How safe is the money you have in a bank in this digital era?
In the past all the banks had to do was to lock up the funds in highly secured vaults. It was always a tough job for the bank robber to reach them, secured by all manner of metallic barriers and human guards.
That’s why they would often target the bank tellers or hope to march the branch manager to lead them to the vault. Even here banks often had measures to make it a most onerous task.
All that has changed in the digital era. These days criminals can breach the computer systems of financial institutions to reach the digital equivalents of the good, old vaults, and move large sums of money that would’ve made the bank robbers of old quite envious.
Let’s take for an example what happened to a customer of FCMB whose account is in the Aba Road by GRA branch of the bank in the oil city of Port Harcourt. Let’s call him Mr George Braide to maintain some confidentiality and be able to cite from an ongoing police investigation.
One Saturday morning early in July, it dawned on Braide, a 60-year-old retiree, that his MTN phone line was no longer working. He was perplexed and had no explanation for it. Then he began to wonder if something had gone wrong with his linking of his phone line to his national identity number which caused it to be suspended, as he had heard other people complain.
Because he was able to continue using his WhatsApp to make calls and reach people, the incentive for immediate rectification wasn’t there. So he waited until early Monday morning to go to an MTN office to find out what had gone wrong with his phone line.
When the customer service official checked, she found that Braide’s line had been blocked, but not for any of the reasons he feared. He wasn’t in breach of any regulation.
“Who blocked your line?” the customer service lady asked.
“I have no idea,” Braide responded. “It’s definitely not me.”
“That’s strange,” the lady responded. “Anyway, I’ve unblocked it. You should be able to make and receive calls now.”
On the way to his car, the alert messages started pouring in. There were multiple transfers to Opay accounts, binge purchases and all manner of withdrawals from his account starting from Saturday morning when his phone first went off. Then the climax was the transfer of 4 million naira from the account done just that Monday morning, probably while he was en route to the MTN office. In all 7 million naira was withdrawn out of the account that has his retirement benefits between Saturday morning and Monday.
When Braide reported to the bank, he was told he must’ve compromised his digital banking log in details unwittingly. That might sound like a plausible explanation in these days of phishing attacks.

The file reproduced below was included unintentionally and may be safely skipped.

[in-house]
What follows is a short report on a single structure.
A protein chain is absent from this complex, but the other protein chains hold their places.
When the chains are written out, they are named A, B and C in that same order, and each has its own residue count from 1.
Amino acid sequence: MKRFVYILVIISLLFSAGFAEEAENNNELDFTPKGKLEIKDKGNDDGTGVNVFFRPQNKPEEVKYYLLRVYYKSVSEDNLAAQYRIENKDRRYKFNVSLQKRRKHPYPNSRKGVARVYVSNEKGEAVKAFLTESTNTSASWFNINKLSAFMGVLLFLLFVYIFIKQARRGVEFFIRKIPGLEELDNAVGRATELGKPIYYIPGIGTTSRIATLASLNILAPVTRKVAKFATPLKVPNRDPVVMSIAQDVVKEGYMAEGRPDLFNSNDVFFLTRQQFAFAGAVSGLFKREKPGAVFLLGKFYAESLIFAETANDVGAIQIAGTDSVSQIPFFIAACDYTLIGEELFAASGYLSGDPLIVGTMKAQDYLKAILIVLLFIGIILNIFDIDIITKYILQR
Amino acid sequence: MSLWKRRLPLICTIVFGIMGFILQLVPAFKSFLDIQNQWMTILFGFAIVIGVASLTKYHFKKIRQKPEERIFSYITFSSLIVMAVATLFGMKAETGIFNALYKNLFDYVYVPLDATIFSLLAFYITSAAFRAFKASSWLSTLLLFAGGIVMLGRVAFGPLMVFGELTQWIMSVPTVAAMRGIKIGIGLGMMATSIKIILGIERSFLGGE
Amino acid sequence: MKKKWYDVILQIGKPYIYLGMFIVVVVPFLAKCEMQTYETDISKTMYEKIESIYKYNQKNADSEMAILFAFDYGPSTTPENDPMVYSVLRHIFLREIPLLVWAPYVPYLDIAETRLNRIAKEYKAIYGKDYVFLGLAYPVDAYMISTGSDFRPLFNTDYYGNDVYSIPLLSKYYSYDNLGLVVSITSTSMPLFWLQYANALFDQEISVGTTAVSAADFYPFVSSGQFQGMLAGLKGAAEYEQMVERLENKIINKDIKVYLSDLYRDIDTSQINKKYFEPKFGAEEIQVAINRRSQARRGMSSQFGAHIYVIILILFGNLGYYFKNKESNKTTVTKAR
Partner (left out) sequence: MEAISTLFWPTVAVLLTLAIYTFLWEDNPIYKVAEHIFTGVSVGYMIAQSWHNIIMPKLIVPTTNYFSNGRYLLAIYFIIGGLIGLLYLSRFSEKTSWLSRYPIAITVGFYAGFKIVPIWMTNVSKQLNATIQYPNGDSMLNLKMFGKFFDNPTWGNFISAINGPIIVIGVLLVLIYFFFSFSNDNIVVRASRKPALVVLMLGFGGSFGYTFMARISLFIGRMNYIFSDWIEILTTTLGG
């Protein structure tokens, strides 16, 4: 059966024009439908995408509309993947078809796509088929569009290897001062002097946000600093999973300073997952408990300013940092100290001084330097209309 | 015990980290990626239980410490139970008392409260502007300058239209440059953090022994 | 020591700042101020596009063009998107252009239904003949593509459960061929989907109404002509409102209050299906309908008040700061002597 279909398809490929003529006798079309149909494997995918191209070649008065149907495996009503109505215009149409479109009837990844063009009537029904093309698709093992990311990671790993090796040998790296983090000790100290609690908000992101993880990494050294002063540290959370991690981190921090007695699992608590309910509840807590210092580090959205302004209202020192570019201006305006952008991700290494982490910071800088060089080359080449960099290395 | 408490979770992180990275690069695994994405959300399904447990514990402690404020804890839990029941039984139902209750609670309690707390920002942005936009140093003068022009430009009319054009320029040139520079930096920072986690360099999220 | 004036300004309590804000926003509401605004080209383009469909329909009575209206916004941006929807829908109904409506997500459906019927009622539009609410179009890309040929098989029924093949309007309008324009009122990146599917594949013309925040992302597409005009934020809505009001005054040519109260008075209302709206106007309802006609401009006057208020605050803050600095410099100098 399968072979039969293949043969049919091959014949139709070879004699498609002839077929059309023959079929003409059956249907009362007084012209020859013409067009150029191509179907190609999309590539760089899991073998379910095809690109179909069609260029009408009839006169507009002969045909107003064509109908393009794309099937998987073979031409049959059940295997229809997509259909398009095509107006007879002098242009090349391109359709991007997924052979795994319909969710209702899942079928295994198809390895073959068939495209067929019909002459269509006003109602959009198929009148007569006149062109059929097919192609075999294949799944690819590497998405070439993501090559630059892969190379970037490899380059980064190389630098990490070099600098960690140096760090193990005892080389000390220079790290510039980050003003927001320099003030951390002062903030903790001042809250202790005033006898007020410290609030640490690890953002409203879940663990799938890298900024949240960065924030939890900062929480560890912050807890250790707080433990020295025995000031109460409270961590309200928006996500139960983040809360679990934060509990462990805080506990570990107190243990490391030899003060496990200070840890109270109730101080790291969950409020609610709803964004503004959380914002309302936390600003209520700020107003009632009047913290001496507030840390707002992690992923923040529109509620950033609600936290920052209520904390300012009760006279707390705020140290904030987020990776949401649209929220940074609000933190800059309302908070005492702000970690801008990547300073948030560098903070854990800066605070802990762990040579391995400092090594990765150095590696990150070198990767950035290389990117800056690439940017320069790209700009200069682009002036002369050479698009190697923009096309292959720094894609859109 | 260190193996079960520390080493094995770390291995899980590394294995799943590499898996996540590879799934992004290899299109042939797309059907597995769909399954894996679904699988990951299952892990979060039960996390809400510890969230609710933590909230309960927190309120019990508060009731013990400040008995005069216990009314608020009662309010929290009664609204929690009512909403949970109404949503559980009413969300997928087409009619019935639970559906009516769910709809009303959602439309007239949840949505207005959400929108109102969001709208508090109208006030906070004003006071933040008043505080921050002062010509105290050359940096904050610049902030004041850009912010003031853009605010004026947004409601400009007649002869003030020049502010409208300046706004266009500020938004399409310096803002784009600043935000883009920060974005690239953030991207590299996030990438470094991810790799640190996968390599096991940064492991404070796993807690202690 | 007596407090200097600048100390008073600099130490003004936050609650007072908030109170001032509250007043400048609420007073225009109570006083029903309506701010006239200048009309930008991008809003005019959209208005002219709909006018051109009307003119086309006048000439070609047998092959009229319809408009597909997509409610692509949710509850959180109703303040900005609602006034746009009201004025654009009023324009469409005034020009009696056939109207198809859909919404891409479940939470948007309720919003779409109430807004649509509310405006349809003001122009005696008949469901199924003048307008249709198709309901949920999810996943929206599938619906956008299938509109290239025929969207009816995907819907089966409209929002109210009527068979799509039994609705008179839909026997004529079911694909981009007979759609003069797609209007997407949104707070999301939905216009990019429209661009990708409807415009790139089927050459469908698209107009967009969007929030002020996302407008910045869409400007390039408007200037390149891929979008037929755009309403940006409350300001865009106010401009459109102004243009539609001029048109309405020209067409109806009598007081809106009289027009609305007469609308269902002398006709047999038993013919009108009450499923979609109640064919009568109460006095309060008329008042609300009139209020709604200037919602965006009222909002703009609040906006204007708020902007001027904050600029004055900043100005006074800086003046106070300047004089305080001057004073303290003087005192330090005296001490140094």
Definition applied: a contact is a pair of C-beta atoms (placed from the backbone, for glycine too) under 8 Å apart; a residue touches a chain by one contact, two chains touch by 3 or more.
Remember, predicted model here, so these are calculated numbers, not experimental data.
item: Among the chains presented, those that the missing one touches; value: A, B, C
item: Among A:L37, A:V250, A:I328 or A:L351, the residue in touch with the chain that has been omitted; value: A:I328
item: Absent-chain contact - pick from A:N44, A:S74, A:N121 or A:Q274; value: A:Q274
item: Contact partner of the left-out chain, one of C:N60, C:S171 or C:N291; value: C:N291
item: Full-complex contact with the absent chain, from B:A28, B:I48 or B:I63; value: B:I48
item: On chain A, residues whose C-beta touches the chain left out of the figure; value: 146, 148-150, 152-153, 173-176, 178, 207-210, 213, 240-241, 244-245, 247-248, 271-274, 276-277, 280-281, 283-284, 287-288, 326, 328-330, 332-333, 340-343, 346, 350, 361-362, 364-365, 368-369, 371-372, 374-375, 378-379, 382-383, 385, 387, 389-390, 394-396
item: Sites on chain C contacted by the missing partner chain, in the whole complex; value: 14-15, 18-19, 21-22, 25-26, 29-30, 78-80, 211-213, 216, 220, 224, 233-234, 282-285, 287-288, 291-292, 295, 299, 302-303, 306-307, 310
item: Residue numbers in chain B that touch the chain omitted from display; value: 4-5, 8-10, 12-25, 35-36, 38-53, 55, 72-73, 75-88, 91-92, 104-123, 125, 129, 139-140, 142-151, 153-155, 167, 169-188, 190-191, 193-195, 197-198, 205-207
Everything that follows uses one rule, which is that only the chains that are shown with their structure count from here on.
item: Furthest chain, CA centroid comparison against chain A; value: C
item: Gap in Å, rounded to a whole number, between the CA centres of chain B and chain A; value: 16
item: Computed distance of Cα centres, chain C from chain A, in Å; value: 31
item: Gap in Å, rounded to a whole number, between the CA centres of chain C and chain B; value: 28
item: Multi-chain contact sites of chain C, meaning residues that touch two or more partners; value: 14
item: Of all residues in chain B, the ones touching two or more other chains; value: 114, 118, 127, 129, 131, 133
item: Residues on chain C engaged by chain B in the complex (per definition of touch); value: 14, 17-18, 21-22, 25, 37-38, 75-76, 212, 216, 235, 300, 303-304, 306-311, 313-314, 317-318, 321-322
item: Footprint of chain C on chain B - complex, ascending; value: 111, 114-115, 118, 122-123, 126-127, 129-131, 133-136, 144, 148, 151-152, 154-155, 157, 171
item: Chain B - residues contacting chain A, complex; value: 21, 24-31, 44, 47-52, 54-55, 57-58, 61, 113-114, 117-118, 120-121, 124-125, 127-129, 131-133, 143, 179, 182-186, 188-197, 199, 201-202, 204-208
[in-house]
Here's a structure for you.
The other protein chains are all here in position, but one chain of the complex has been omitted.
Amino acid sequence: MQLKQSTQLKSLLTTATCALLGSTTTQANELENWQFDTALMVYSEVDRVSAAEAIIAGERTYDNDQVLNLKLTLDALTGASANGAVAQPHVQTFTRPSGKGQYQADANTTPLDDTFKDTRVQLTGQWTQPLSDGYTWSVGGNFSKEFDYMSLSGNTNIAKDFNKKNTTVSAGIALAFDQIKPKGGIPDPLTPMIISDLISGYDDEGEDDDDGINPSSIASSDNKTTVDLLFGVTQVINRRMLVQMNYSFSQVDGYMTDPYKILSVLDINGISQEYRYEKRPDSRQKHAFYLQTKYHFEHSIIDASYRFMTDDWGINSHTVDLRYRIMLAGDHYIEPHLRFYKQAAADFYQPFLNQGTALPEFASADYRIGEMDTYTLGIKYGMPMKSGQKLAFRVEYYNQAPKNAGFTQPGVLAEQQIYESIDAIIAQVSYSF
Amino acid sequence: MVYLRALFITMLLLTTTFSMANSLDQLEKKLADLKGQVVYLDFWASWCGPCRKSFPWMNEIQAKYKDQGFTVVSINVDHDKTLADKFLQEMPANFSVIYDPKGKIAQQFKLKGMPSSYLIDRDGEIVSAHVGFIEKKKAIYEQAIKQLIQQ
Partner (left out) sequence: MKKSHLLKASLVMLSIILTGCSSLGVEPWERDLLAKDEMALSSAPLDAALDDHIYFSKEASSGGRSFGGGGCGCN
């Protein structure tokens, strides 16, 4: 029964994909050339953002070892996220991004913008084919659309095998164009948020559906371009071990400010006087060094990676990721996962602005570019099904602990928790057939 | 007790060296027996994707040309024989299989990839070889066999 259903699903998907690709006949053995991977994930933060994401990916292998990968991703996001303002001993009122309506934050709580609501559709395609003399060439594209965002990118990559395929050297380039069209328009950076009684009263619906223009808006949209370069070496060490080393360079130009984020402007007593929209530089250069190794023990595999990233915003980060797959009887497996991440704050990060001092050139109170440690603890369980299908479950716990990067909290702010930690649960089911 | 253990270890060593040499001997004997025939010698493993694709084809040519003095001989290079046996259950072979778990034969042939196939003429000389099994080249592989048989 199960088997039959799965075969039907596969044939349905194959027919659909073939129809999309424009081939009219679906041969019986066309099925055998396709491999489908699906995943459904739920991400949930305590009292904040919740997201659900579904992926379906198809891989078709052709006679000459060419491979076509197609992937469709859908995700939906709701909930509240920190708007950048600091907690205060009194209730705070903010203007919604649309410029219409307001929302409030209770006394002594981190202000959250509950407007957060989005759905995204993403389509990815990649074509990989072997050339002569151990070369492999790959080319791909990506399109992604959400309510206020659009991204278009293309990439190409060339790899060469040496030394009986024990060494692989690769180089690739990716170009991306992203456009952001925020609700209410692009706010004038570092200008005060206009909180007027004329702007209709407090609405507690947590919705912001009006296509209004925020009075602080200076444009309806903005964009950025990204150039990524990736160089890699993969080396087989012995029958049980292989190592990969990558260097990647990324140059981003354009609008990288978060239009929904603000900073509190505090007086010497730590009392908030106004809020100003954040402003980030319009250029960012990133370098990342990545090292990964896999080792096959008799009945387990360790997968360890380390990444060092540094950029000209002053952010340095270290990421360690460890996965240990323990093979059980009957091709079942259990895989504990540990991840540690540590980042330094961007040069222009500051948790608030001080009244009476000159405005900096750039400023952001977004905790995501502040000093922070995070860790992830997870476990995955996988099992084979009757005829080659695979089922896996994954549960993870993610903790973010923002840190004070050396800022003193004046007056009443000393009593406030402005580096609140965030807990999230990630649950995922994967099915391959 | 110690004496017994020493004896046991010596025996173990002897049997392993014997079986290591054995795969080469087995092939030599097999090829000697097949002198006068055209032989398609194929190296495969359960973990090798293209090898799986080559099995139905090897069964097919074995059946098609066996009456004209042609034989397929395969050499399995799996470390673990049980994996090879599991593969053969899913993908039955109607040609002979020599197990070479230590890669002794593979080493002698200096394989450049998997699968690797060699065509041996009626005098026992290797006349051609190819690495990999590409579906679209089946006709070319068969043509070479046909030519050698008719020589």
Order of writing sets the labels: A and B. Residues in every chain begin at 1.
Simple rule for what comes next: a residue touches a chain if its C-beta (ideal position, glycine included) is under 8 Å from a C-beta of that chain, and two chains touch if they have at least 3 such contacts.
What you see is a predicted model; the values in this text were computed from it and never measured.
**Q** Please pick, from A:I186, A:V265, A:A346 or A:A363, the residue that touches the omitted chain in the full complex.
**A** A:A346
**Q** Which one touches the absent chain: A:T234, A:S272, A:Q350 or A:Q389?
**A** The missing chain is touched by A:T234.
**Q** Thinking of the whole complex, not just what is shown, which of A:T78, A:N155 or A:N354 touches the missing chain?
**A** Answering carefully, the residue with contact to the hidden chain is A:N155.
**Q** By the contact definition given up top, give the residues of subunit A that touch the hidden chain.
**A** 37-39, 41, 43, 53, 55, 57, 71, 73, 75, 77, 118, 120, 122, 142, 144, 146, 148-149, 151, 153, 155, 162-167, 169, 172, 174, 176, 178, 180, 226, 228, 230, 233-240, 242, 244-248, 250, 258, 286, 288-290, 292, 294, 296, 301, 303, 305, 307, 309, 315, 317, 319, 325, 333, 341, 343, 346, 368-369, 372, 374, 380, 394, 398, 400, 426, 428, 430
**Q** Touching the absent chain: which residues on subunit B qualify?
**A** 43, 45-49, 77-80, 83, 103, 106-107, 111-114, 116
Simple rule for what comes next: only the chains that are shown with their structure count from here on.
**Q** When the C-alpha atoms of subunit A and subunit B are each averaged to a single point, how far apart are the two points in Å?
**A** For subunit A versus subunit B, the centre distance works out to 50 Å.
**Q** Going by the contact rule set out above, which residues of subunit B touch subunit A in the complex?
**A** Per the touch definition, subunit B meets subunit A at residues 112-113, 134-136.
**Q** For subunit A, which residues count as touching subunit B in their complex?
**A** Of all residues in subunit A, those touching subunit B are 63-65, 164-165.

But going through Braide’s experience, a few things are obvious. Somebody needed to gain access to the MTN computer system in order to stop his phone line. Someone also needed to have access to FCMB’s system to disable his email alerts. While his phone was blocked at MTN, his email alerts were also blocked at FCMB.
Therefore, it’s logical to assume that this digital heist was carried out by collaborators who had access to the computer systems of both FCMB and MTN. Whether these were actual insiders or outsiders, is a question left for investigators to unravel.
And there are quite a large number of cases being reported by bank customers to the police fraud office to investigate. While many banks have been affected, a majority of the cases currently under investigation concern FCMB, Zenith and Guaranty Trust Bank.
However, the point of interest here is the customer, who is often left completely unprotected. In the physical world, the banks take the liability for the money stolen from their custody. But when it comes to the digital world, they’re shirking this responsibility in Nigeria.
To illustrate what this means, FCMB isn’t taking responsibility for the lost funds, according to the criminal complaint. Apart from initial exchanges over the matter between Braide and his relationship manager at the bank, FCMB hasn’t sought to make any explanations on how access to his account was breached.
When contacted for this report, the FCMB customer service department said its procedure requires it to investigate the “customer account with respect to any fraudulent transaction(s) that might have occurred on customer account to analyse the source and recoup funds.” The bank was silent on who bears immediate responsibility for money lost in its custody.
It’s a situation that shows up Nigeria’s non-protective regulatory attitude to the bank customer regarding digital transactions. In much of the rest of the world, the banks take immediate liability for fraudulent transactions and refund the customers even before going after the thieves.
In Nigeria, the contrary is the case as people like Braide are finding out. When will the Central Bank of Nigeria and other regulators intervene on behalf of the ever increasing number of Nigerians that are victims of digital heists?
▪︎ By Nairaweb.ng